Fundamentally speaking the news coming in is a mixed bag.  The market expects positive housing numbers tomorrow, a negative surprise could be damaging.  Unemployment continues it’s downtrend from the 2008 peak though that is partially attributed to expiring benefits.  Consumer confidence remains low with just reason.

Putting my money where my mouth is I am keeping a bullish outlook for the near future but with strong cautions because of the upcoming political turmoil.  This means tighter risk management in the form of tight stops and smaller positions.

Investor Woes

April 24, 2011

These are interesting times to say the least.  While we have been enjoying a relatively positive time in the markets since September of last year, dark clouds are on the horizon.  The first sign came in the form of the relatively uneventful budget battle in Washington over the budget for the rest of the fiscal year.  With Tea party Republicans calling for $100 billion in cuts on one side and the Democrats finally relenting to a modest compromise of $32 billion, the threat of a government shutdown was enough to temporarily halt the rally which gave me a good entry position for a nice move in LUK.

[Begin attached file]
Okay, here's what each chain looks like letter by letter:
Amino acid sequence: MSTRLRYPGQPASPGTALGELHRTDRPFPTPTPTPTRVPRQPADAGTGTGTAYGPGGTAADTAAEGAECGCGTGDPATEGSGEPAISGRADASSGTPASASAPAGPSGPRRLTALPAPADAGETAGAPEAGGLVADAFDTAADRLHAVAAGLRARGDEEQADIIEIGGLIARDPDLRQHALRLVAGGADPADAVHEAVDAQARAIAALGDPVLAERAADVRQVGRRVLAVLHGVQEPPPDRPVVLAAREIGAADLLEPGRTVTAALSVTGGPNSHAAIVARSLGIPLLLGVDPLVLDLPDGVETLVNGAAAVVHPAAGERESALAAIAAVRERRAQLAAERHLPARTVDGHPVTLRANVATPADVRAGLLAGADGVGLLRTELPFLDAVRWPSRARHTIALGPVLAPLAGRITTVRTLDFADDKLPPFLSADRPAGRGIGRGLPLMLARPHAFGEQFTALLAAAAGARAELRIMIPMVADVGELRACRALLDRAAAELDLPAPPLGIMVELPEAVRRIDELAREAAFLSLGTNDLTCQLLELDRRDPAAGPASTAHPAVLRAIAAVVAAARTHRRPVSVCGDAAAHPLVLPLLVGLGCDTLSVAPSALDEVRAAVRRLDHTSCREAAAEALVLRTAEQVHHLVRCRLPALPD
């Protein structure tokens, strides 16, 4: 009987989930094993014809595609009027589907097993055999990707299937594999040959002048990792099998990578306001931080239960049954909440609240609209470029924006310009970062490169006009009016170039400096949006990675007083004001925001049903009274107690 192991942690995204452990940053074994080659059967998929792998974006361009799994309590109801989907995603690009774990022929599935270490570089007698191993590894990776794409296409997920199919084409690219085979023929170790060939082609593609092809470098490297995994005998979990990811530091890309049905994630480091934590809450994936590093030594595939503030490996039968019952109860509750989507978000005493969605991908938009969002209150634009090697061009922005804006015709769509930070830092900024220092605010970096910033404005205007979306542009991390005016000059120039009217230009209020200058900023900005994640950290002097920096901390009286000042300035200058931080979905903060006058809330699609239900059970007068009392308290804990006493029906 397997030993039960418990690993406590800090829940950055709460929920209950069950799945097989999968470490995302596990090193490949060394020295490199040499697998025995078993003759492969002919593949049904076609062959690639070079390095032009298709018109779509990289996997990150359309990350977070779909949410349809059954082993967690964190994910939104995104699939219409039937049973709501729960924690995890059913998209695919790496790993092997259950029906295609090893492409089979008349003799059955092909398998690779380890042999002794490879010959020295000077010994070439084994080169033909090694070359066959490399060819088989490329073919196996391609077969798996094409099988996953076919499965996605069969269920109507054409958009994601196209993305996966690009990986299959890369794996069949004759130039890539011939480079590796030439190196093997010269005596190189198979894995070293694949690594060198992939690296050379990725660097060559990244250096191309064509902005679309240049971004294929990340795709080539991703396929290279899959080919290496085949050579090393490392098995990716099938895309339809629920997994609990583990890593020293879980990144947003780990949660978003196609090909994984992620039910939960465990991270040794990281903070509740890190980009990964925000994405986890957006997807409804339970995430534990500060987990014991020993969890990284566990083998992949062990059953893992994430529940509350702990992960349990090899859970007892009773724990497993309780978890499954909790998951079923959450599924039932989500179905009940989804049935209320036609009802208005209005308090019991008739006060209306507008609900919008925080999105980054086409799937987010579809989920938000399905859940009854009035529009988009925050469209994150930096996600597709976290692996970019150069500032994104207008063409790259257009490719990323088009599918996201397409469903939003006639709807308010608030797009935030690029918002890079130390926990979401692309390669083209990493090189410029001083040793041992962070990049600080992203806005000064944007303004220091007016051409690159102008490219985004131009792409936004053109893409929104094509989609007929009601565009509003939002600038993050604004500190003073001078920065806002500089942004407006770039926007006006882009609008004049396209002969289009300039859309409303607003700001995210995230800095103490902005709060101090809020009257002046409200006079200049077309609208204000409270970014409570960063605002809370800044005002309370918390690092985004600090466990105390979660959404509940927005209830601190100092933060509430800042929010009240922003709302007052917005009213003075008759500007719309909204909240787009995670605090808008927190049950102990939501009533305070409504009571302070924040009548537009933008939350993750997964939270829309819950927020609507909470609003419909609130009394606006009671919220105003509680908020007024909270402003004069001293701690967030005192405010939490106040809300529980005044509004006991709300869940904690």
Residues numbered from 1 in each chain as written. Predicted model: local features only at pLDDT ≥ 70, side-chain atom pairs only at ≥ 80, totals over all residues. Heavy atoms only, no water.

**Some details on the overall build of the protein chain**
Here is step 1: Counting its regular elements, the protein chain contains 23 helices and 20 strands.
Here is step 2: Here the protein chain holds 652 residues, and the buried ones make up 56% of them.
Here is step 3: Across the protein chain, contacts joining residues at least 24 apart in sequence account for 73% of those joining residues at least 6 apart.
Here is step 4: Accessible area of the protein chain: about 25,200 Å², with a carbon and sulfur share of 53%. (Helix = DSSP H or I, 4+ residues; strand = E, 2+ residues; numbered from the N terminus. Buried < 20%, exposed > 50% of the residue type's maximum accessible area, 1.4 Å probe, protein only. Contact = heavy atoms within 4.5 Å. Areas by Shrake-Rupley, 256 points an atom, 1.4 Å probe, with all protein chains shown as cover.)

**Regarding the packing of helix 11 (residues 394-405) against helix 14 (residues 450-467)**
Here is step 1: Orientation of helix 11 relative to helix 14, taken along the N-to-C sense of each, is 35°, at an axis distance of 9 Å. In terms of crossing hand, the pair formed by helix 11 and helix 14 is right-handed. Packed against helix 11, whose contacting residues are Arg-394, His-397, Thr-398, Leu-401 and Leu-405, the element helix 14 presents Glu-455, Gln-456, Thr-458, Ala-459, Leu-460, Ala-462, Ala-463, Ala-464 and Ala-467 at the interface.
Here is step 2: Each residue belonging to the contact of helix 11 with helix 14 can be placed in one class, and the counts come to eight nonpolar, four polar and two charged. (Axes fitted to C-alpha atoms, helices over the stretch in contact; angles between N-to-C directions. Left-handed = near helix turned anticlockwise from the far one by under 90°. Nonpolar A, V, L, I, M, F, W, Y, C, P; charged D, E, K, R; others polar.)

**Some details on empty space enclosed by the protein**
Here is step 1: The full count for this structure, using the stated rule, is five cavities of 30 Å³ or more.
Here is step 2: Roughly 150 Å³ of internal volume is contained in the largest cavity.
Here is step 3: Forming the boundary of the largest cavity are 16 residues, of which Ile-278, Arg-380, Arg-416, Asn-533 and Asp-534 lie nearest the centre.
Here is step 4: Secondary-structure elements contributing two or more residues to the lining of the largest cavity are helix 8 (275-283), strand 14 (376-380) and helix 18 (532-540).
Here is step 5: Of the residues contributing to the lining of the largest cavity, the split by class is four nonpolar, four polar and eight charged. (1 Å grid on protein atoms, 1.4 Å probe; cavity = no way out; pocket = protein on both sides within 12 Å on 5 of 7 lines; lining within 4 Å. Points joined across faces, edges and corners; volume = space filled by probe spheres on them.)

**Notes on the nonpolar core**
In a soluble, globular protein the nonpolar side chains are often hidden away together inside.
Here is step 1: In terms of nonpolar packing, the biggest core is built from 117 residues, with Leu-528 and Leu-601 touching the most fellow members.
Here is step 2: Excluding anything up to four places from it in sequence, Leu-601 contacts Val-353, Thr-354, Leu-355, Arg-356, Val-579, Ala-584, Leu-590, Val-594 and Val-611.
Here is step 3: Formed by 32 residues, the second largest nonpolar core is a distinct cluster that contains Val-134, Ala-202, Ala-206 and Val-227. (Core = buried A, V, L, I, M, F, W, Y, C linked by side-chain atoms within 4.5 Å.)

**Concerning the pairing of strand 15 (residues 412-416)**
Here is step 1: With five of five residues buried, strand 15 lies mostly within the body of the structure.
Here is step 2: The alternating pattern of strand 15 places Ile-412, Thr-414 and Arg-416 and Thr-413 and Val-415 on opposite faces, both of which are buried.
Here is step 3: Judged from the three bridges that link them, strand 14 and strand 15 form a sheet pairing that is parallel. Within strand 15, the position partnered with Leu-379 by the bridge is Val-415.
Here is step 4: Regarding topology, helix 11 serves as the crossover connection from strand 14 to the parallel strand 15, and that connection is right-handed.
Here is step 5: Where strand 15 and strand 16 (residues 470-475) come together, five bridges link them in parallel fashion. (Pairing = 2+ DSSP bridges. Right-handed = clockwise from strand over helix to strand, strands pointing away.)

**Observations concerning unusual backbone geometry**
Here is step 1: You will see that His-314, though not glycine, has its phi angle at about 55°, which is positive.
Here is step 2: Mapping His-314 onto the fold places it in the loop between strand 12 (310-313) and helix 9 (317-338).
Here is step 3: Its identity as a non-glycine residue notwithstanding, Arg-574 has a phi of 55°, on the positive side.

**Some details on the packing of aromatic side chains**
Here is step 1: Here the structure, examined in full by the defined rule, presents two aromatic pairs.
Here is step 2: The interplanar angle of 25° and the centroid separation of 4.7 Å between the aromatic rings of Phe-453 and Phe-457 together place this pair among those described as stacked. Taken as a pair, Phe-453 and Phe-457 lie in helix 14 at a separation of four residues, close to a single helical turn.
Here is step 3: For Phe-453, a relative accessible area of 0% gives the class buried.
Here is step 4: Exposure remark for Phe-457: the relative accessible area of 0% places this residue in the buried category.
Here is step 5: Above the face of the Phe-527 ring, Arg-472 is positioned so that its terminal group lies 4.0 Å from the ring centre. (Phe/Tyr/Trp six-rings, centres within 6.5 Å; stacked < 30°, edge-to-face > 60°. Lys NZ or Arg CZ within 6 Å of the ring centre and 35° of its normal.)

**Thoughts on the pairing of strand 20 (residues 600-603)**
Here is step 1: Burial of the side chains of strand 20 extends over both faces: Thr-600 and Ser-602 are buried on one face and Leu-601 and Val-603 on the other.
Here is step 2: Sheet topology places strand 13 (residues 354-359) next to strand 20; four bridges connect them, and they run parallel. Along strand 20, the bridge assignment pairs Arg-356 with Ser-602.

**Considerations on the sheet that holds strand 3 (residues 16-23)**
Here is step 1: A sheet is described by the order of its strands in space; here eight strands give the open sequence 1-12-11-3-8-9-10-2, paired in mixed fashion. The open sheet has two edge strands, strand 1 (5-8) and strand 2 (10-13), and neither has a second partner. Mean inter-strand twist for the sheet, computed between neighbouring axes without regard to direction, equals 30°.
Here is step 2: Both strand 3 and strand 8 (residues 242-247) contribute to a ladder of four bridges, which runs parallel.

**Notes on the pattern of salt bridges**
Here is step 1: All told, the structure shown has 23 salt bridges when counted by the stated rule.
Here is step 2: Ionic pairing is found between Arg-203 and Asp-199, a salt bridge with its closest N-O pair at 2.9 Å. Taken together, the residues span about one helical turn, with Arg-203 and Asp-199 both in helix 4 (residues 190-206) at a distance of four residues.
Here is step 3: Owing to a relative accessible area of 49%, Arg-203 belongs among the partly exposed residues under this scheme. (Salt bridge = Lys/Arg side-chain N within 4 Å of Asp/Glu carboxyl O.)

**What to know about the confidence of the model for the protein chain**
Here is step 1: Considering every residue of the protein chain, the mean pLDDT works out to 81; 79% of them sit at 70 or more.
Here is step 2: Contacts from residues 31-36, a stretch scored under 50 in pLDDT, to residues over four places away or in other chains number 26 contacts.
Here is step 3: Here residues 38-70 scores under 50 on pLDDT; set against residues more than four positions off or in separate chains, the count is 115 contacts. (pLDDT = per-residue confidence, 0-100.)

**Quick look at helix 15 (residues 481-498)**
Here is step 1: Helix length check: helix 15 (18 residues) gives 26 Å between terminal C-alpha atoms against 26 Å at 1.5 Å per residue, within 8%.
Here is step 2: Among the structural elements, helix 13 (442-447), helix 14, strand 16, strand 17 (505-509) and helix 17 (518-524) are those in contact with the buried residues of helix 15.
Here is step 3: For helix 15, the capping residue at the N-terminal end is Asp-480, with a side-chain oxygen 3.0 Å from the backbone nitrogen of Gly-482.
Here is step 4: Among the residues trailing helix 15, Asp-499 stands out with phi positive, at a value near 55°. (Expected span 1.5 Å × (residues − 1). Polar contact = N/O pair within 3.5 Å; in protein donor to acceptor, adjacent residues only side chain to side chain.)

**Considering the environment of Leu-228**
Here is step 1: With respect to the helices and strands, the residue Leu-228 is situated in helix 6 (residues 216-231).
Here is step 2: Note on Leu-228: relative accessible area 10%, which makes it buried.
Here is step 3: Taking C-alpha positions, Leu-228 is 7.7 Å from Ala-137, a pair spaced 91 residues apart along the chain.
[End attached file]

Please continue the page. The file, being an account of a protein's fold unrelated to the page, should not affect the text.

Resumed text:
But now we are faced with bigger fish to fry.  A government shutdown could be seen as only a temporary inconvenience compared to what we are facing now – US default on it’s debt obligations.  You see there was a law that championed fiscal responsibility that was first passed in 1917 that placed a sort of credit limit on US debt that could only be raised by a debate and a vote in Congress.  The big difference here is that when you reach your credit card limit, you must tighten the belt and start paying it back before being able to spend while in Congress, the debt ceiling was raised about a dozen times since WWII without any significant measures to pay it down.  This brings us to present day, with the US debt quickly approaching the current ceiling level of $14.3 trillion dollars, a major showdown between Republicans and Democrats is about to unfold.  Though I sincerely hope that a show is all it is, because surely not even politicians would play with the kind of fire that would unfold if the US defaulted on it’s debt.  Just imagine, we would immediately return to a fiscal collapse much greater than the fall of the titans of 2008.  Soup lines, and shanty towns would become a reality and it could damage US credibility irreparably.  Not to mention the gigantic loss that many would incur in their investments in US government bonds.  It would be a devastation so great that it would shatter the two party system, destroying the credibility of Republicans and Democrats alike (though that might be the only positive outcome).